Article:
After reading all the information Arc provides on slope I am still left wondering which option to use. If I have a DEM and want to calculate all areas in the DEM that have a 10% or greater slope there are two options, for example:

Slope in Percent the range of values are: 0-440

Slope in Degrees the range of values are: 0-77

In both cases I go to: layer properties, click on symbology, and then the classified option. With in the classified option I click "classify". In both cases I see the range of values mentioned above. If I click on "%" button next to break values it appears to give me the percent of slope based on the extent of my DEM, no matter what the range values of my DEM are, the top number is always 100%. My question is, how do you calculate the true slope, as in, what areas of the DEM are greater than 10%?

Slope in Percent the range of values are: 0-440

Slope in Degrees the range of values are: 0-77

In both cases I go to: layer properties, click on symbology, and then the classified option. With in the classified option I click "classify". In both cases I see the range of values mentioned above. If I click on "%" button next to break values it appears to give me the percent of slope based on the extent of my DEM, no matter what the range values of my DEM are, the top number is always 100%. My question is, how do you calculate the true slope, as in, what areas of the DEM are greater than 10%?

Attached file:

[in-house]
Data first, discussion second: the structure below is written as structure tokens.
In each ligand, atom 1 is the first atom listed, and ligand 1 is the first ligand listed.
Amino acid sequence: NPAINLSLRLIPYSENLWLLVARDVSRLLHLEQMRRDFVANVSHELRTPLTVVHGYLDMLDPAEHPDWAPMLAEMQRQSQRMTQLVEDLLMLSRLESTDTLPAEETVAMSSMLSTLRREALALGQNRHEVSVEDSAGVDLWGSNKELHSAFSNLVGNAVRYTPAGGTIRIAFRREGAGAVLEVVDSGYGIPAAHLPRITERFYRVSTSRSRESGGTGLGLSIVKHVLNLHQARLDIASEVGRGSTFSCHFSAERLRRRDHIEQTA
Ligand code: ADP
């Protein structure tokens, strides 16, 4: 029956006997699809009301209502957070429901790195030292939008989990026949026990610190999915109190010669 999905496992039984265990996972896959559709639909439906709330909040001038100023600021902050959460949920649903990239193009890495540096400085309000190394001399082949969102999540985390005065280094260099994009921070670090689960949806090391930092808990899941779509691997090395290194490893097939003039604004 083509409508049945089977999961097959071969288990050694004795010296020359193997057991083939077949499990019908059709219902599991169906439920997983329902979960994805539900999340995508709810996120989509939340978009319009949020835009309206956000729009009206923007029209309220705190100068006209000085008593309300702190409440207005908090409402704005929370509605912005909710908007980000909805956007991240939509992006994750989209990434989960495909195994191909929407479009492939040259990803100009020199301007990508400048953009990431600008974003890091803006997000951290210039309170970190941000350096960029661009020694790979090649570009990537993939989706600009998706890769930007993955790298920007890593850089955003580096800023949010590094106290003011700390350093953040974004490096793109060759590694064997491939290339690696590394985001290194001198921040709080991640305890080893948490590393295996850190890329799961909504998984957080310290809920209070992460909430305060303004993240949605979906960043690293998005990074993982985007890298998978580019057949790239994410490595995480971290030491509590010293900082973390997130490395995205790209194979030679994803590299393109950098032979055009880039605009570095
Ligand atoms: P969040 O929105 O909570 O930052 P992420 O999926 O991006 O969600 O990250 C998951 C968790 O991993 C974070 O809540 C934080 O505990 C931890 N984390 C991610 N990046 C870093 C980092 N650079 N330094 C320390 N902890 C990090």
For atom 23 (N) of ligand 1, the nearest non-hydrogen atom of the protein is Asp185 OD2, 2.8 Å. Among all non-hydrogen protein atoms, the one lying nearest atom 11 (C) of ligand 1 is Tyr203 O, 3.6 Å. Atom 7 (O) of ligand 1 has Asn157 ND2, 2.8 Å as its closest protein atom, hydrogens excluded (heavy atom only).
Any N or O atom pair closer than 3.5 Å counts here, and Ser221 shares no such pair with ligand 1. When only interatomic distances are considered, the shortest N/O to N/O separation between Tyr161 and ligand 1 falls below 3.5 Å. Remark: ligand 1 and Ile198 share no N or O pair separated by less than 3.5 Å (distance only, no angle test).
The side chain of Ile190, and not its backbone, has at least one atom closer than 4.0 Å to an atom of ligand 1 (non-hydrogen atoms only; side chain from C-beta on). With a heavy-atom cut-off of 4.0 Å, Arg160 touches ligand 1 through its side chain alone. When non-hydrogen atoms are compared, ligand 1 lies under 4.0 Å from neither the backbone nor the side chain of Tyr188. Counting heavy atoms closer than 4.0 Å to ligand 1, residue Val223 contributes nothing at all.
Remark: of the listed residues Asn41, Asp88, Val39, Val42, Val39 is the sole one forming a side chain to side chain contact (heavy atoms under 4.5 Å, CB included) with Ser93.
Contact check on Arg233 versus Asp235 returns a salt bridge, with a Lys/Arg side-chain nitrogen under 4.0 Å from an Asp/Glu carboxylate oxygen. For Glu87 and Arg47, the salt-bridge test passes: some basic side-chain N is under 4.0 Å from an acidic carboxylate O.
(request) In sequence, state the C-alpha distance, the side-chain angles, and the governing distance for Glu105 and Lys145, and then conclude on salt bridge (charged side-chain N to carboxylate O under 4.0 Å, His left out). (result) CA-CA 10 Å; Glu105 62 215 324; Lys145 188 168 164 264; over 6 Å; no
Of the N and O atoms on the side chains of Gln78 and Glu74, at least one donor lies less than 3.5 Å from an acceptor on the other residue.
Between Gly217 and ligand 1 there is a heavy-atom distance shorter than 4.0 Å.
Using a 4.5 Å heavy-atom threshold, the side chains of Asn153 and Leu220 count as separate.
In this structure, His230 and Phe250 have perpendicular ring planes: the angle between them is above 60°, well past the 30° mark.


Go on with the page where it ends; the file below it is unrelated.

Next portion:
How is the slope defined or attributed int he DEM itself? Is it in Degrees or Percentage of slope? Or is that the problem; it doesn't really tell you?

If memory serves, the tangent of a slope (in degrees) * 100 will give you the percentage of slope. Inversely, the arctangent of the percent-of-slope/100 gives you the angle in degrees.

If you are seeing numbers of less than 1 (something like .75) take the arc tangent to get the degrees. In this case you'll get about 37 degrees. Anything steeper than a 1 is greater than 45 degrees ( remember that a 45 degree slope is a 100% slope: rise/run = 1/1).

Not sure if this helps, but it was fun (in a gray-haired geek sort of way) to think about trig again...:o